BEIRUT: A nouvelle wave of obsession with funky socks has invaded the Lebanese community over the past few years. This phenomenon is rendered widespread among different factions of society, coloring the lives of individuals belonging to a spectrum of backgrounds and ages.
“I own more than 150 pairs of funky socks, each with a different design! I have to separate my summer socks from my winter ones and switch them each season because I don't have enough space in my drawers anymore! They bring me utmost joy at all times and they’re great conversation starters,” Christelle Al-Kayssar told Annahar.
Lebanon lingers within a socio-geographically traditional region, and the notion of funky socks is often perceived as a westernized “cool” and trendy one worthy of brow-raising. However, an authentic twist has been made to locally produced socks to glorify the cultural aspects that constitute little details the Lebanese have been raised to cherish, such as the ‘Ain, Tarbush, and Fairouz’s songs.
Thus, initiatives such as Kalsé and Sikasok, followed by many others, have taken the lead to immortalize this Arabized nostalgia through transforming their abstract designs to concrete ones and launching their diverse socks collections.
“Sikasok was born from our own desire to wear high-quality statement socks that we relate to and that we couldn’t find in the local and regional market,” Maya Rafih and Ralph Haiby, the founders of Sikasok, noted for Annahar.
Similarly, Rita Feghaly and Zahy Aoun, the founders of Kalsé, stated that their startup emanated from their eagerness to raise the voice of their local creativity and potential from the heart of Beirut as well as to spread their slogan to the whole world. The latter is to "make people’s feet smile" through producing anti-odor and anti-allergen socks with a funky twist that alters their unique crux.
Maya and Ralph also added that “humor and reference to culture is key. We want to pick up on small details of our daily life and heritage, turn them into wild patterns, mix them with vibrant colors or humoristic texts, and therefore celebrate them through our brand.”
“Cool” socks have become a platform that depicts all that adorns a Lebanese’s day. These depictions include the harsh living conditions through playing on sarcastic puns that convey a statement embedded within light humor, such as Sikasok’s “راحت الكهربا – electricity’s off” and “إجت الكهربا – electricity’s on”.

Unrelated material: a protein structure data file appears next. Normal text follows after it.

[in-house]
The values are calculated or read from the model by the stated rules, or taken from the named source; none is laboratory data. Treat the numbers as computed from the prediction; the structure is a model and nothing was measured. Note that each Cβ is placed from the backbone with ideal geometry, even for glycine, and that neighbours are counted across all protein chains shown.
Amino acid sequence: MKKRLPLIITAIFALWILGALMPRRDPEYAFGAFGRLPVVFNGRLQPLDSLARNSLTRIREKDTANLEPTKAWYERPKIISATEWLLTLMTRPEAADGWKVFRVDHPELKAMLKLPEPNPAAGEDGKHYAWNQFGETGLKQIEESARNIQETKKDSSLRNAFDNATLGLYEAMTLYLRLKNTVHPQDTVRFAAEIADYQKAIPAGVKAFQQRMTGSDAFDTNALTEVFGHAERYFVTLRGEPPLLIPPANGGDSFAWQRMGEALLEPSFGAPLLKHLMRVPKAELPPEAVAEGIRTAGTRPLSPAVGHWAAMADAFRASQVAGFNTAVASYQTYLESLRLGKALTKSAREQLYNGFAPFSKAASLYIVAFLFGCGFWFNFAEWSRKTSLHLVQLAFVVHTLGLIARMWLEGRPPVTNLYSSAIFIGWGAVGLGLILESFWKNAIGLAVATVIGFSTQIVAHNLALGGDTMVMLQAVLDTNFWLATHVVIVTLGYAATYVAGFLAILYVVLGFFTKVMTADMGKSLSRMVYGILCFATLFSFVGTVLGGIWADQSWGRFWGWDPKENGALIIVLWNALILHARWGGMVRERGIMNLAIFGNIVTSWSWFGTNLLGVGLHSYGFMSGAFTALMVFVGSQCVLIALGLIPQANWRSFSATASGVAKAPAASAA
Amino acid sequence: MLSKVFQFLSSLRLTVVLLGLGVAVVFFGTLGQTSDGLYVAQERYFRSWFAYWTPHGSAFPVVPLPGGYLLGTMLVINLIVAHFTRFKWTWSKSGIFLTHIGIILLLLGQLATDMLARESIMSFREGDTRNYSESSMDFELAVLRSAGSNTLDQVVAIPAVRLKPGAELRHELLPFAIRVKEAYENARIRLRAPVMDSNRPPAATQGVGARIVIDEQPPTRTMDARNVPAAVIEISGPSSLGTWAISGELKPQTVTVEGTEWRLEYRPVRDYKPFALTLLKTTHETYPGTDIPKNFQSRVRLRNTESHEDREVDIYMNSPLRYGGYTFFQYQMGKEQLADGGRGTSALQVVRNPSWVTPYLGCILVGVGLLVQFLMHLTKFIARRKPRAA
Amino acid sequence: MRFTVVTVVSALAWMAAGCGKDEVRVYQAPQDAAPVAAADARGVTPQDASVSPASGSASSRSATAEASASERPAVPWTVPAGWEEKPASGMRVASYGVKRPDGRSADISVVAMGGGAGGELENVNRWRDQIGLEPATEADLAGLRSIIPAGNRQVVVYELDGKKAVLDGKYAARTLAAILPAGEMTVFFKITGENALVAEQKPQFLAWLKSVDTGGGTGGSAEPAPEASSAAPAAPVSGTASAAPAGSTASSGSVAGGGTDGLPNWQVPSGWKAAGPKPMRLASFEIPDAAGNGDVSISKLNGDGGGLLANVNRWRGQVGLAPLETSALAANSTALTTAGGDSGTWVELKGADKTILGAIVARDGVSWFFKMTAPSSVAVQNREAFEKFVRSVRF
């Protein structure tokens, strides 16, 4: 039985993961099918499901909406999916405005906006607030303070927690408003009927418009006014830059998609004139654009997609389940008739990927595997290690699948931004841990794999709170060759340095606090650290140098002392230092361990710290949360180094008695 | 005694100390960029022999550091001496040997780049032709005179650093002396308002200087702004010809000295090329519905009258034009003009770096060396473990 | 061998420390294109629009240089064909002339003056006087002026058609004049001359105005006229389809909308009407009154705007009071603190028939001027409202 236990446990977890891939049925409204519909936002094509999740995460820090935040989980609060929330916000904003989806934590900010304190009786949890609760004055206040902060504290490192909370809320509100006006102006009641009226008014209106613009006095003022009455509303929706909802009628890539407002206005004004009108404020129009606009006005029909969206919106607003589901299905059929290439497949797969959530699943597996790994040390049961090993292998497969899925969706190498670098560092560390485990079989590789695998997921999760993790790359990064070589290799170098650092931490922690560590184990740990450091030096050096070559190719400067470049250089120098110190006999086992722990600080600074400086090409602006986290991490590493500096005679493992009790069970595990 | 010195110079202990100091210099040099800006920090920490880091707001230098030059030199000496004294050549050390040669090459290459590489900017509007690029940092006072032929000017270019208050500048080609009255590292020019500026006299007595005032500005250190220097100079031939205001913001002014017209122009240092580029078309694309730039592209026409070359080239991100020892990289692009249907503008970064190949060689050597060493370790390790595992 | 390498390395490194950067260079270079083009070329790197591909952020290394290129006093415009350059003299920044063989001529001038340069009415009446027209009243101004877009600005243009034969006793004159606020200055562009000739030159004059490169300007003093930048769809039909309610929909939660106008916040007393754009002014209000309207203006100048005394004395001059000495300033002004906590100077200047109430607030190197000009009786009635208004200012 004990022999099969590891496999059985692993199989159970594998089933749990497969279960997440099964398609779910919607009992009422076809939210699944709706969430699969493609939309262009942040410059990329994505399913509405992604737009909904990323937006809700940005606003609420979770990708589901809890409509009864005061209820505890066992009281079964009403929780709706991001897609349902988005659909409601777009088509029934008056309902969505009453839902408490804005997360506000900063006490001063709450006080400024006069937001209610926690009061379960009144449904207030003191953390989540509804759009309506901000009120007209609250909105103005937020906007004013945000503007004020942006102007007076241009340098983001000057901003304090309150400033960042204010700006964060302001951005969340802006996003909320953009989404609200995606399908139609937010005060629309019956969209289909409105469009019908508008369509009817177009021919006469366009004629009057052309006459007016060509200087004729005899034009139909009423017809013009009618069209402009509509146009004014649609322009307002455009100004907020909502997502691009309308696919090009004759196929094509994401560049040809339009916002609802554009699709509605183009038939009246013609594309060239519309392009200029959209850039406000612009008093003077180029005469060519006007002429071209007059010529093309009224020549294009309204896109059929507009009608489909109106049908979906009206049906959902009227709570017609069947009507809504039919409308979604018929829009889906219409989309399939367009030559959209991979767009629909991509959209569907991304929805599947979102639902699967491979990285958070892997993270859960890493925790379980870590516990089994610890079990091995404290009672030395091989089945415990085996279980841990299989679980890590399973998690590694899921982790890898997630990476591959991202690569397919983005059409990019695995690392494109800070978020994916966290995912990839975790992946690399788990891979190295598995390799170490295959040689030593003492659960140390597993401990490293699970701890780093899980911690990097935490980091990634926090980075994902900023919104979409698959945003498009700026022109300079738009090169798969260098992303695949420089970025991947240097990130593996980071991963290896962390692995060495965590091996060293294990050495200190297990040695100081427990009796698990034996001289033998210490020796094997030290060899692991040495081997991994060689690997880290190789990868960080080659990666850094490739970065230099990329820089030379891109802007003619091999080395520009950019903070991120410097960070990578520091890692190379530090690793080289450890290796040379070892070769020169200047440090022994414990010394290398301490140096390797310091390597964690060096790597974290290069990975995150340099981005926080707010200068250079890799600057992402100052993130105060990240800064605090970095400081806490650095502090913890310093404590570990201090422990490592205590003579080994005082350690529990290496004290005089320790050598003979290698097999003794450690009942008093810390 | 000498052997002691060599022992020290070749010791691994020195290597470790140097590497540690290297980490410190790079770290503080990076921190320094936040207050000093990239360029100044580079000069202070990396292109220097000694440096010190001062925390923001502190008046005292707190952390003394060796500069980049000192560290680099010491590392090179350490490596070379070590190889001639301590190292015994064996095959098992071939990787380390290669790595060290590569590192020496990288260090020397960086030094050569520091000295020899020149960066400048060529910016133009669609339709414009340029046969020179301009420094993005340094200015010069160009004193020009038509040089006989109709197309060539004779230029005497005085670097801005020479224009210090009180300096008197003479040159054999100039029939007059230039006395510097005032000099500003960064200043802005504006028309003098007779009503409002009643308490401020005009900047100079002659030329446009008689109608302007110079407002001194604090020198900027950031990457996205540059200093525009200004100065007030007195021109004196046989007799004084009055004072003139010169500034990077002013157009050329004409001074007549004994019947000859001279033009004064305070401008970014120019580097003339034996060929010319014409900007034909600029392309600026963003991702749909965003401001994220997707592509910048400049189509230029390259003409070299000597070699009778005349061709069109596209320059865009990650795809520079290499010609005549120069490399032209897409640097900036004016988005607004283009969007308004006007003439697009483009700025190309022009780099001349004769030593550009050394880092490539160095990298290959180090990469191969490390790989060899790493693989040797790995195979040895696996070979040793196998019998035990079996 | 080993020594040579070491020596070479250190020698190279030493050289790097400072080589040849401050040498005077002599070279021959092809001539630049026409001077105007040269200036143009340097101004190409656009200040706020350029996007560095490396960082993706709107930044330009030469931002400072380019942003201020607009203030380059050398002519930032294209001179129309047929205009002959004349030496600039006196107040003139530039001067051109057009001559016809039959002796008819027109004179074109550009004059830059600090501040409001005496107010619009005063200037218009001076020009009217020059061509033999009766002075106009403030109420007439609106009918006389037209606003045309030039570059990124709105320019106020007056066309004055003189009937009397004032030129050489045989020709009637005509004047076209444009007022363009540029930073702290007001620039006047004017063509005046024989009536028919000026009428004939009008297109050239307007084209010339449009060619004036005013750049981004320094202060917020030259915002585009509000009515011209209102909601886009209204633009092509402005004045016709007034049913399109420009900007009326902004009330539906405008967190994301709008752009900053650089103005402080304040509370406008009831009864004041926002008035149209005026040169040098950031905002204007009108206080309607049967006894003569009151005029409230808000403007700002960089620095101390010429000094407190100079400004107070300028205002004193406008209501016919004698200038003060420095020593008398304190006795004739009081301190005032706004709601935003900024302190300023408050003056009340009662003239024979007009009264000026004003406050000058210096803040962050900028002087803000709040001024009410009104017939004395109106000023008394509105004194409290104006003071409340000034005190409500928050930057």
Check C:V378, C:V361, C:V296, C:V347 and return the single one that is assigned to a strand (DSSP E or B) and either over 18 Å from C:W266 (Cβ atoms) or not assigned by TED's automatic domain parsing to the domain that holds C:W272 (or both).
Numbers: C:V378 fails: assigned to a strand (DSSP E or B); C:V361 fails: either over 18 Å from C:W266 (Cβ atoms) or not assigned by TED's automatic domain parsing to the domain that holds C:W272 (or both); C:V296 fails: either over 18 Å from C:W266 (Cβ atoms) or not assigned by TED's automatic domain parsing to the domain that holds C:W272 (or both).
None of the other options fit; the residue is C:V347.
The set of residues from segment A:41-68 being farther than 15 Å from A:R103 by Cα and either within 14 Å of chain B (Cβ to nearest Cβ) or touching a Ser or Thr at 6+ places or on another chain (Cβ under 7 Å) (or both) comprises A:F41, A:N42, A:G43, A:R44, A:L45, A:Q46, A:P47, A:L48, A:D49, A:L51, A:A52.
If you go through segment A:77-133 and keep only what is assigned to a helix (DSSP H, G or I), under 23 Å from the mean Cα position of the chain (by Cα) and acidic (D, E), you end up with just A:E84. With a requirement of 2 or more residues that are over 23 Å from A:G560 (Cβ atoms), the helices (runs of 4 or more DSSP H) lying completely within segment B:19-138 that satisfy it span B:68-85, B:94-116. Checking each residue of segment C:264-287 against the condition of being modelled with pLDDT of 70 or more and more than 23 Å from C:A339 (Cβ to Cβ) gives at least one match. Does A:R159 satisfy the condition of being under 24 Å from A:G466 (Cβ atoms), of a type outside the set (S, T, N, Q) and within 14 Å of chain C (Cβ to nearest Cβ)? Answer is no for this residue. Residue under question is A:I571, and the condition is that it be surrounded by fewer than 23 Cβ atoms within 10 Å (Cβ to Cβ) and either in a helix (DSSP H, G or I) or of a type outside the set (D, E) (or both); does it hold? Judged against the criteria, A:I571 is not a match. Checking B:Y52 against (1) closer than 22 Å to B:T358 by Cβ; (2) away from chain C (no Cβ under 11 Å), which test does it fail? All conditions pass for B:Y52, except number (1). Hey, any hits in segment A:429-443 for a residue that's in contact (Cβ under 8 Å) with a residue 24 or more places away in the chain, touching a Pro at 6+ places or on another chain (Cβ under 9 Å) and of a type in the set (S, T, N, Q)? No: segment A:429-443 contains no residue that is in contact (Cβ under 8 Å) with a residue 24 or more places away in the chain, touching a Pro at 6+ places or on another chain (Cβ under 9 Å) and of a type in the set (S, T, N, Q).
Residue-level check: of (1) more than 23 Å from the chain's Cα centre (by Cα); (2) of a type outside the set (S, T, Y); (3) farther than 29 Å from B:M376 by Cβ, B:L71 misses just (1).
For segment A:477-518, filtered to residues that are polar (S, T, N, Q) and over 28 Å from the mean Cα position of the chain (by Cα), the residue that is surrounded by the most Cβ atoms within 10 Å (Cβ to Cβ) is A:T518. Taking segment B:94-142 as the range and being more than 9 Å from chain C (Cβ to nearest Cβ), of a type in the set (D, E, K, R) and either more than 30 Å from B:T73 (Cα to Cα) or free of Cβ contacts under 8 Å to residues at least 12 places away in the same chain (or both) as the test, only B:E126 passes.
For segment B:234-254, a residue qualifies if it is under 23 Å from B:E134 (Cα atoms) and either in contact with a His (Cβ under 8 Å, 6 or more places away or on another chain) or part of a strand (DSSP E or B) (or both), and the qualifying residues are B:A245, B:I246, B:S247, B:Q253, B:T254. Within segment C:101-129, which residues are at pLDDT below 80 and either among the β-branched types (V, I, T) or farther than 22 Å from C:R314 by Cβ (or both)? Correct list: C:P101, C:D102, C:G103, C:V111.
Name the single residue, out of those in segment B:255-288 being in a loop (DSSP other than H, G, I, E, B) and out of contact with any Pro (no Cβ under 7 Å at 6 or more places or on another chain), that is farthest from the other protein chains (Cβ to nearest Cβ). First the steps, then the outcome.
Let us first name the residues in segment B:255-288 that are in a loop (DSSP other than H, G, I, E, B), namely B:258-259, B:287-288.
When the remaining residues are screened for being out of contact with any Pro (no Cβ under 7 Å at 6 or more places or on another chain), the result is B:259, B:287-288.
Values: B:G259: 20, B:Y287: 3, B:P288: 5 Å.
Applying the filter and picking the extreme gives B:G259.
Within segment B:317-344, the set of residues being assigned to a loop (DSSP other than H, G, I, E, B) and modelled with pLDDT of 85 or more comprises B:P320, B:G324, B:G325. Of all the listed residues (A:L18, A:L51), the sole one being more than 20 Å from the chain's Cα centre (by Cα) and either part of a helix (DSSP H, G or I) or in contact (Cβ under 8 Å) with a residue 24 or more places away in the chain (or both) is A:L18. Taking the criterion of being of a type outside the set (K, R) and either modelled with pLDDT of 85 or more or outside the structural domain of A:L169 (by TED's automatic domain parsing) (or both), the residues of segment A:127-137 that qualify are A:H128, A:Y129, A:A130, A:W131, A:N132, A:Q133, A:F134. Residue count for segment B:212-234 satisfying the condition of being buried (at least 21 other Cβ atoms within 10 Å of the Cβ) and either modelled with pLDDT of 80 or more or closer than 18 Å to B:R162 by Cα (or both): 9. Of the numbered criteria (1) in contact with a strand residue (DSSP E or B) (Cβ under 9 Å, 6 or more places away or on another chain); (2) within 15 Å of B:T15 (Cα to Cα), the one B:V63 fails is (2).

“Besides the fact that our socks are embellished with Lebanese traditional themes and patterns, we added a spoken touch from our daily lives through featuring colloquial sarcastic sayings 'لإجري – I could never care less,' our familiar expressions 'قد البحر بحبك – I love you as much as the sea,' or even our nicknames 'إمّ الصّبي/البنت – the boy’s/girl’s mother',” Rita and Zahy said.
“We created socks for every occasion and this allowed us to preserve the Lebanese cultural identity in our socks,” they added.
This fundamental piece of clothing has become a harbor that people resort to when celebrating a certain occasion. For instance, Kalsé’s “screw this year” socks was a token of standing out among the masses, especially the youths, on New Year’s Eve.
“I wear my airplane socks when I'm travelling, my army socks on the first of August, and my rainbow socks on IDAHOTB. The 'راحت الكهربا – electricity’s off' pair is good for every day,” Tarek El Masri said.
A notable feature that distinguishes these local art pieces is the heavy use of Arabic content. The latter consists of illustrations of renowned figures such as Sikasok’s Um Kulthum and Kalsé’s Fairouz song lyrics. Therefore, these pairs play a distinctive role in preserving the Lebanese-Arab identity in an entangled cultural and linguistic manner.
Funky socks also act as a raw means of self-expression that grants the person wearing them a sense of uniqueness.
“I go for floral and geometrical patterns and crazy colors. They just make every outfit stand out, and because a lot of who I am is revealed in the way I dress, they show more of my personality,” Melissa Ajamian told Annahar.
They can also be a piece of home for people abroad.
“I gift these funky Lebanese socks to my friends who live abroad, mainly in Europe and North America. I also used to wear them over there. These socks help reconnect our feet stepping on foreign soil to our roots entrenched deep in our Lebanese soil,” Masri further added.
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